"Golden Raindrops" crabapple.

My gorgeous white crabapple "Golden Raindrops" in full bloom.

My gorgeous white crabapple "Golden Raindrops" in full bloom.

Bees and butterflies LOVE my "Golden Raindrops". The year this photo was taken, the tree was covered in migrating Red Admiral butterlies.

Bees and butterflies LOVE my "Golden Raindrops". The year this photo was taken, the tree was covered in migrating Red Admiral butterlies.

"Golden Raindrops" in Fall

"Golden Raindrops" in Fall

Tiny golden apples on my "Golden Raindrops" crabapple tree. It provides food for the birds all winter.

Tiny golden apples on my "Golden Raindrops" crabapple tree. It provides food for the birds all winter.

The gorgeous fall leaves of the "Golden Raindrops" crabbple.

The gorgeous fall leaves of the "Golden Raindrops" crabbple.

Resource list of information on crabapple diseases

Still need more information? Find out what you need to know at these informative websites.

  • Fire Blight
    Information and management for Fire Blight from the Colorado State University Extension Service.
  • Apple Scab
    Management guidelines from the University of California's Agriculture and Natural Resources webstie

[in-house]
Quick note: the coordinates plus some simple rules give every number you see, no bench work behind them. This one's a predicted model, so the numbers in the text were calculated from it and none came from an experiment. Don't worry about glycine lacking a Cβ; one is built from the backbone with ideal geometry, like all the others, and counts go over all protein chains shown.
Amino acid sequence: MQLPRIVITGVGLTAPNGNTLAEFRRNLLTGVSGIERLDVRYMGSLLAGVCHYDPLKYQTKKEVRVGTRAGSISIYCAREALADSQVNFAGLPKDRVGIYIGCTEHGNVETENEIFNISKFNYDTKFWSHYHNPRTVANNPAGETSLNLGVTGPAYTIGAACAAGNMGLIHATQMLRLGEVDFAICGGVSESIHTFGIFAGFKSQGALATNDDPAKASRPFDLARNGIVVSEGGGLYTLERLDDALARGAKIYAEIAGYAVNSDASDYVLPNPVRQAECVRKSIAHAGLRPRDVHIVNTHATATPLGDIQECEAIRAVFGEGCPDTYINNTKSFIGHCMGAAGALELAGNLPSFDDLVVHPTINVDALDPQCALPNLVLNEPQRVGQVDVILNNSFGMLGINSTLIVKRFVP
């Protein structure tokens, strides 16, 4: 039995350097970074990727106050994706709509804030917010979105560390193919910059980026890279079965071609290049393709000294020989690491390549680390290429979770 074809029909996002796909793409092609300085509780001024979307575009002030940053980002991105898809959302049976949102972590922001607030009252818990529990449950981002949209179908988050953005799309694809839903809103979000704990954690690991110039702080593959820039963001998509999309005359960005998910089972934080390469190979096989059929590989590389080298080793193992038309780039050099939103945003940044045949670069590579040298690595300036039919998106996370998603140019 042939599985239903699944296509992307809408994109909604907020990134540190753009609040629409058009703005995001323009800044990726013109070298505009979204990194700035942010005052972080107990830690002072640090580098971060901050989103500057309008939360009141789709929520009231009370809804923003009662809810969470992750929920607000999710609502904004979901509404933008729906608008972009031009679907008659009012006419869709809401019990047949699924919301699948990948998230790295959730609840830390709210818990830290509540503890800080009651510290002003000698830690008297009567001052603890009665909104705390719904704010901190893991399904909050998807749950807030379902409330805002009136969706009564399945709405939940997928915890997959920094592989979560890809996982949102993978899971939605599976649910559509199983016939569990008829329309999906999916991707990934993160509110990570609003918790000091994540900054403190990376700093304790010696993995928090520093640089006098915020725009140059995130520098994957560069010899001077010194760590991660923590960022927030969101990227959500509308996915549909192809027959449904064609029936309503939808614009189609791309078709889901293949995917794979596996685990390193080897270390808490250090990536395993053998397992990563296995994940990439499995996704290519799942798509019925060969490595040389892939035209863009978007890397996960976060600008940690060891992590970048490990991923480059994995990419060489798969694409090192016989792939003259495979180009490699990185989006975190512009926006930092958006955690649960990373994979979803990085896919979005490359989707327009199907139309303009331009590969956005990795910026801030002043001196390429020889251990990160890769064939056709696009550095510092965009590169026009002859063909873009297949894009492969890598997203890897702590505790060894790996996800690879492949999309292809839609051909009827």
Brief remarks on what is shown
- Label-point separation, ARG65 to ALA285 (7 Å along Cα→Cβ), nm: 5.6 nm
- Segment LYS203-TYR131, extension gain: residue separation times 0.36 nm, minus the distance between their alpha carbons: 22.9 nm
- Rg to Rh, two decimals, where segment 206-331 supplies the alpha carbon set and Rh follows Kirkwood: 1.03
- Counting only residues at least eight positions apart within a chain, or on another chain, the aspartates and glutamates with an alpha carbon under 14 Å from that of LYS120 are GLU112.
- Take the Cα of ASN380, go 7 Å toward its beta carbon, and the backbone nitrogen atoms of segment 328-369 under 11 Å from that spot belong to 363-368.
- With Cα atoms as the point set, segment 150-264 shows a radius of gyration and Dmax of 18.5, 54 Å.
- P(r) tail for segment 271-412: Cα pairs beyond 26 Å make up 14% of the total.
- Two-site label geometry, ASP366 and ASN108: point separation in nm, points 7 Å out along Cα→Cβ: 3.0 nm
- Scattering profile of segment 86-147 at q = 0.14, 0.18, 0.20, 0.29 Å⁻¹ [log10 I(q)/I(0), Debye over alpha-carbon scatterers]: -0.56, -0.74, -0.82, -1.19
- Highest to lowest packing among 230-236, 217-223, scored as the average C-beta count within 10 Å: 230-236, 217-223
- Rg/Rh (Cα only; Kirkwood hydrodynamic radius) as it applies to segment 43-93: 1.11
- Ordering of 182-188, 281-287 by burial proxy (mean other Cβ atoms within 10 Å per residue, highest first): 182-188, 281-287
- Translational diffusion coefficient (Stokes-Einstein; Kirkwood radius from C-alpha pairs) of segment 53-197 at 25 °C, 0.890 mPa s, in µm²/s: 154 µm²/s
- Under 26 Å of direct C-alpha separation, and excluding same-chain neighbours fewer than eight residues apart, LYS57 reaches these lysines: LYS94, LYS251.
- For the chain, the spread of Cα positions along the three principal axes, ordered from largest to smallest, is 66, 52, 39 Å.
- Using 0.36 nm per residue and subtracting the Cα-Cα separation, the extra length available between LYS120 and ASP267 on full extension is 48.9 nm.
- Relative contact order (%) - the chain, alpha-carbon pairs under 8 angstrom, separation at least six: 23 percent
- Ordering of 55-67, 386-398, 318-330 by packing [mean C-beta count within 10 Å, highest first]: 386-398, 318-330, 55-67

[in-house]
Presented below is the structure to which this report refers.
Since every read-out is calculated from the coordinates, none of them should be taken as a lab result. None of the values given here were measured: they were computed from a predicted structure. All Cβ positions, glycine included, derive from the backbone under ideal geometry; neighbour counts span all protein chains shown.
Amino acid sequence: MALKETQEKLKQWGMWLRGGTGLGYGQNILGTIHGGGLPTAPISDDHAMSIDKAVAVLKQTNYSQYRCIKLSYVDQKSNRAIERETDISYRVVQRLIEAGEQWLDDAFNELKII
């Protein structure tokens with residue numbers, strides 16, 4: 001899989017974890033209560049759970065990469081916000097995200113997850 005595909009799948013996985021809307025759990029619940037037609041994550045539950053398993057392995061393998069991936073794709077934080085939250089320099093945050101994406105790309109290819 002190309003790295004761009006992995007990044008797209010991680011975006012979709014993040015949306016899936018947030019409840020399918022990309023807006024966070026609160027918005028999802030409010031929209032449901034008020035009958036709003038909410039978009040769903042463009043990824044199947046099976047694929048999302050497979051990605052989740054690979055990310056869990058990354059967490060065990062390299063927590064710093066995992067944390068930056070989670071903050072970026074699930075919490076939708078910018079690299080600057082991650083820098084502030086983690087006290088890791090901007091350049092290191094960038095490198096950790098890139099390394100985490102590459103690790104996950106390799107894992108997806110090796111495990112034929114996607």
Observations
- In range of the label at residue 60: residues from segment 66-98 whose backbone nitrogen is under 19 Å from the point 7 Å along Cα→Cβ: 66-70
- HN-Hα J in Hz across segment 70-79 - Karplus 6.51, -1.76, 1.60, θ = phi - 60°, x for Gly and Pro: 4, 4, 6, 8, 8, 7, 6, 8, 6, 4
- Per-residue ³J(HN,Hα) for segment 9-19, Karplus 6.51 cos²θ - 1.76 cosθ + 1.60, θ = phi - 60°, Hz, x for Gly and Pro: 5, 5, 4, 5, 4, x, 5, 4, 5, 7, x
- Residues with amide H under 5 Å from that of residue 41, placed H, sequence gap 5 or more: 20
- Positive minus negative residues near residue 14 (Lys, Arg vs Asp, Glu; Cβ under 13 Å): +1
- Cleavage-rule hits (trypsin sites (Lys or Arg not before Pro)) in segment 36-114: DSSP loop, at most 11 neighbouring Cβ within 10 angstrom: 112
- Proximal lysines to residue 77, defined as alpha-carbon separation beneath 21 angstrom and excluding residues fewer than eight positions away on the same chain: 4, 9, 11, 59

• Deciduous Tree Diseases
    Comprehensive website by North Dakota State University on pests and diseases of our native trees.

You may know of powdery mildew because you battle it on your roses every year. Did you know that most diseases that affect roses can affect crabapples as well? Have you heard of these other diseases?

Have You Heard of These Disease?

Jennifer P Tanabe from Red Hook, NY on October 08, 2014:

My neighbor has a crabapple tree - now I'll know what's wrong with it if it gets sick!

Susanna Duffy from Melbourne Australia on October 08, 2014:

I had a crabapple tree once but it died. Now I see it was rust, wish I'd read your article earlier!

Evelyn Saenz from Royalton on February 26, 2012:

Squid Angel Blesses!

Evelyn Saenz from Royalton on February 26, 2012:

I just discovered that I have a crab apple tree in front of my house. Thank you so much for writing about all the possible diseases that can effect crab apple trees. Now I will know what to look for if my crab apple tree seems sick.

Diane Cass (author) from New York on August 21, 2011:

@Frischy: Yes. Diseases that affect apple trees can also attack pear trees.

Virginia Allain from Central Florida on August 21, 2011:

Really scary to see all the things that can attack a tree.

Frischy from Kentucky, USA on August 21, 2011:

This is an interesting and helpful lens. I don't have a crabapple tree, but I wonder if these diseases apply to other trees such as Bradford Pear.

Showpup LM on August 21, 2011:

Most of these I hadn't heard of. Very helpful lens. Love the description and the photos.